The scene is a small town in South Carolina, where Hodge, a Vietnam veteran, shares his house with Vernie, his childlike girlfriend, and Sheryl, the widow of a talented but obscure novelist and a close friend of his late mother. Nervous and unsettled, Hodge continually castigates Vernie, no matter how hard she tries to please him, and also derides Sheryl, although she is old and wise enough to try to turn a deaf ear to his rantings. The arrival of his Army buddy Richard, who now manages a bookstore in New York City, further aggravates Hodge's unruliness, as though to somehow make him even more aware of the fact that the "good life" has passed him by. Richard is accompanied by his mentor and lover, Carolyn, a sleek and sexy lady whose bantering rapport with Richard, and evident concern for Vernie and Sheryl, also point up Hodge's own lack of grace and learning. Eventually Vernie, finding her own voice through the help of the others, threatens to leave Hodge, whereupon his defiant facade finally begins to crumble—giving promise that he will try, at last, to temper his inability to relate meaningfully to the world and to curb his compulsion to strike out at those who seek to offer him the only solace that he is destined to know.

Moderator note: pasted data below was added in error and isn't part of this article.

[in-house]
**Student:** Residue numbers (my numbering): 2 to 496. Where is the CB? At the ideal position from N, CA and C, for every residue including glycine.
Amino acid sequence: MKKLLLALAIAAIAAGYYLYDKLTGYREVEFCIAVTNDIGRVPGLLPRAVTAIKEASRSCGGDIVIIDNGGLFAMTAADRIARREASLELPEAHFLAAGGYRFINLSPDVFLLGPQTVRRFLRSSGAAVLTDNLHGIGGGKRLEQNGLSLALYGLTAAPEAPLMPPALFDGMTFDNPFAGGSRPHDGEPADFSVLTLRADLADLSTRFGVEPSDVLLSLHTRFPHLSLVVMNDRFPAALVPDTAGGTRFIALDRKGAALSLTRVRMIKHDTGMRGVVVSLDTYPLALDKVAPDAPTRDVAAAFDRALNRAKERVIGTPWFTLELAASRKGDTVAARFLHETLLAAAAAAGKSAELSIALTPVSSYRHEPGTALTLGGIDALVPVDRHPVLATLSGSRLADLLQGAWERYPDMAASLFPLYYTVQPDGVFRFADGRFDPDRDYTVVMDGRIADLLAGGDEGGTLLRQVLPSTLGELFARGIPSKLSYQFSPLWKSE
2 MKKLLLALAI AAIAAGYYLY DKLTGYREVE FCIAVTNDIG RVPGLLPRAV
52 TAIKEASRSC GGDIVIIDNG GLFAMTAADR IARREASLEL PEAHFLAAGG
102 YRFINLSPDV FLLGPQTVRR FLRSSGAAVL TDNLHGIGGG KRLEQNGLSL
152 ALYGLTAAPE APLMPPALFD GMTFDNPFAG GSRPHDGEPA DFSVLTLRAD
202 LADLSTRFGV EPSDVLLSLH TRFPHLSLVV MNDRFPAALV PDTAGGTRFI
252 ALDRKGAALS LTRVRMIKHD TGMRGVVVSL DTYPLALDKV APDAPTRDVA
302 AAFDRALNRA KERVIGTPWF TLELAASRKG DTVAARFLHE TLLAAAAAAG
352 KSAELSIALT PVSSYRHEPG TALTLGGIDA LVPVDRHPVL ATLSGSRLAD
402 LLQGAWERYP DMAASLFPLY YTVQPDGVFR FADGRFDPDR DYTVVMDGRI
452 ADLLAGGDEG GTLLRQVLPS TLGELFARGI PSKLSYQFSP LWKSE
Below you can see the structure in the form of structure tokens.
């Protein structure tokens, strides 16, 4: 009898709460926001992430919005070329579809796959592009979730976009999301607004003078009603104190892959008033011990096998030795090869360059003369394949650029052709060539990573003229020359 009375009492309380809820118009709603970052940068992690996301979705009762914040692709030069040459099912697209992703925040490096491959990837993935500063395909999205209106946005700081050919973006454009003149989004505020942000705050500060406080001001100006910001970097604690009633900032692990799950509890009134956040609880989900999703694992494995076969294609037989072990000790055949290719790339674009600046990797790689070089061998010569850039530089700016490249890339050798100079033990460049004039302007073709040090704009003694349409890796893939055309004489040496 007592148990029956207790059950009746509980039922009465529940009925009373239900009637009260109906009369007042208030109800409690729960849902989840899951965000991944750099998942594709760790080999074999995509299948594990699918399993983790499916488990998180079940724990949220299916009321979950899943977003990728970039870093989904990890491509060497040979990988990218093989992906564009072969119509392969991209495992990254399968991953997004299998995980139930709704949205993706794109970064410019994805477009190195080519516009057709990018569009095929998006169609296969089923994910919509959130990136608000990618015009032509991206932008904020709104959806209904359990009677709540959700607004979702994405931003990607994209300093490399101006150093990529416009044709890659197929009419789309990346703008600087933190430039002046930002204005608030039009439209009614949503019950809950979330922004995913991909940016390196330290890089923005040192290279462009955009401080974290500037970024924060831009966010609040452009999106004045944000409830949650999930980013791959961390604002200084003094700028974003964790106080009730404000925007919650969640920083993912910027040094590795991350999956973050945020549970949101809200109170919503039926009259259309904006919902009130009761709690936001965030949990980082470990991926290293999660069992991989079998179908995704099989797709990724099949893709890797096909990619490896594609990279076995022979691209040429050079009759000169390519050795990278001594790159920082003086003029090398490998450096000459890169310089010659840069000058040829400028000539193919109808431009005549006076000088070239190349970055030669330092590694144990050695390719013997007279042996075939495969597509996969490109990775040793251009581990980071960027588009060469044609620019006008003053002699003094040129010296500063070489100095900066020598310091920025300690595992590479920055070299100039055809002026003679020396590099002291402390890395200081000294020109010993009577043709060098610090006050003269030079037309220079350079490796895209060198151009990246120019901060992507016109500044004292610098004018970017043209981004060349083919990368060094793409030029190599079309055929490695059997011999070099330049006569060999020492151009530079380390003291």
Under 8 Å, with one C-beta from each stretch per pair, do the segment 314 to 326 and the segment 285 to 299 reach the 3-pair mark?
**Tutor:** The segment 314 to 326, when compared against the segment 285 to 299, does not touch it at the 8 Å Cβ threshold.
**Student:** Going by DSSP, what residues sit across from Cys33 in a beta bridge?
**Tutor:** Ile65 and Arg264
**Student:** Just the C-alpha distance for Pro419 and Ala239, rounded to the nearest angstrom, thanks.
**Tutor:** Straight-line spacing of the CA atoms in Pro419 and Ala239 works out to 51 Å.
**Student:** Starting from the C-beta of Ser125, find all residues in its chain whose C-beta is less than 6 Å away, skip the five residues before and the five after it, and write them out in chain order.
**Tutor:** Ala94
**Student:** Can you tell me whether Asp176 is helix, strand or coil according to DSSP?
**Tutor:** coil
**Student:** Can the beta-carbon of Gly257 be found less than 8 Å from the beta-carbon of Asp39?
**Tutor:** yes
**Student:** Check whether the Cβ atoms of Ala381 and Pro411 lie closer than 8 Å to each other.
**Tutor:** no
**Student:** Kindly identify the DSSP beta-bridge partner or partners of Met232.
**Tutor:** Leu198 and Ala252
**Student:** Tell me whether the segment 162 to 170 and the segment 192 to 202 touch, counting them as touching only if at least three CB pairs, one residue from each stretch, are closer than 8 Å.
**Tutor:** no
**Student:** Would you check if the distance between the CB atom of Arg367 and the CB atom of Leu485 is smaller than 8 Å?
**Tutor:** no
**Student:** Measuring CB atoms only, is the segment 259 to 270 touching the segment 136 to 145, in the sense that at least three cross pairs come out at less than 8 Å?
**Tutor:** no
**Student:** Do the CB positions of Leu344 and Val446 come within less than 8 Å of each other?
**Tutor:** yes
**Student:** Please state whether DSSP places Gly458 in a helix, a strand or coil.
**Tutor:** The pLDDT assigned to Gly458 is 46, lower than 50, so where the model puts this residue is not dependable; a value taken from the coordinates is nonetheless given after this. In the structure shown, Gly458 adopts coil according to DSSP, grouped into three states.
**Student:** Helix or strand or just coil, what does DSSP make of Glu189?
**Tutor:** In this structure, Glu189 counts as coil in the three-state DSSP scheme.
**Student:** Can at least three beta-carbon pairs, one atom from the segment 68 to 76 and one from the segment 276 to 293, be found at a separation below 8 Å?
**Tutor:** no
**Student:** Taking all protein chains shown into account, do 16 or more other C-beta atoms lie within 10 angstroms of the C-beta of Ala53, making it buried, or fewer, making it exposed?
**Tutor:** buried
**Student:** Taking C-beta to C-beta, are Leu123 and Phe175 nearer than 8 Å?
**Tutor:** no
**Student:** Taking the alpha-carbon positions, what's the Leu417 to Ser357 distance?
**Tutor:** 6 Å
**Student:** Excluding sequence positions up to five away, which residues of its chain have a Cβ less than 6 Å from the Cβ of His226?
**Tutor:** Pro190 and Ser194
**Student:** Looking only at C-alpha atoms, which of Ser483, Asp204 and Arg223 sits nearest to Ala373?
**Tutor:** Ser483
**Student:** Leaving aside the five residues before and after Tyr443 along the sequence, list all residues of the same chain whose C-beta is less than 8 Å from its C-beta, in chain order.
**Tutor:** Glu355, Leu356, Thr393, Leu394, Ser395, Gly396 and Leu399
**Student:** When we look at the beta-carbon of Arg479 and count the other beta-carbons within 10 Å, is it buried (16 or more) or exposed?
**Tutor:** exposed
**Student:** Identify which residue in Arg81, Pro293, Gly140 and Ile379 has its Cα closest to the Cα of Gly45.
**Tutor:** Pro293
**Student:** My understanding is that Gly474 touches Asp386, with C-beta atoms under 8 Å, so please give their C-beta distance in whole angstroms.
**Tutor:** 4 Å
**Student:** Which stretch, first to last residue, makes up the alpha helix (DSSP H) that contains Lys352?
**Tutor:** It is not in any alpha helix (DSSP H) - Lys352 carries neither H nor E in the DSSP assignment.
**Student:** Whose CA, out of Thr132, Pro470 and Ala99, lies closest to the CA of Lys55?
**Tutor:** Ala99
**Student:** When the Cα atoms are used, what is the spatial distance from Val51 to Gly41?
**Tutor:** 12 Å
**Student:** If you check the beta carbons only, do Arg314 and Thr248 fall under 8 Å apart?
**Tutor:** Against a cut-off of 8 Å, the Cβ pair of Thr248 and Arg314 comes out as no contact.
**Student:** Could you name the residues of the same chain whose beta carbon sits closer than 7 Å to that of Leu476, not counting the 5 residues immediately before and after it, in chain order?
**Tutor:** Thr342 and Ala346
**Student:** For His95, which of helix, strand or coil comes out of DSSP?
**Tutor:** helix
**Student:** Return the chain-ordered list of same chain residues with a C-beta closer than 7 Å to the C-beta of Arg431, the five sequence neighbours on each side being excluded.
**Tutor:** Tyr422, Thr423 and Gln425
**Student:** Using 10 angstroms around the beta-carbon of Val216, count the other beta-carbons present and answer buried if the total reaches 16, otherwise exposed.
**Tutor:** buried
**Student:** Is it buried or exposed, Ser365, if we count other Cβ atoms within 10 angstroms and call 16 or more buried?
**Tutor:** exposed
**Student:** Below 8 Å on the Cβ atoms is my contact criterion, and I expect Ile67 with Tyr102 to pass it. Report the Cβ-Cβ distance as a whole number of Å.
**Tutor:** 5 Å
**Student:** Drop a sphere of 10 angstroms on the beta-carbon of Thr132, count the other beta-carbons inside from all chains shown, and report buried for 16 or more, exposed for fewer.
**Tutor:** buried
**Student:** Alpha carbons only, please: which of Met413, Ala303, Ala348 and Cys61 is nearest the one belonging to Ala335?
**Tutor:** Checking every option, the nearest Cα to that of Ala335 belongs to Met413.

A regional theatre and Off-Broadway success. Concerned with the tensions and insecurities of male "machismo," the play blends humor and explosive action as it illuminates a crisis point in the lives of a group of people brought together by circumstance and mutual need. "The dialogue is firmly in character and creates a vividly heightened reality…makes the idea of theatre come alive." —Cue Magazine. "…the whole play has a rough and tender vitality…" —NY Post.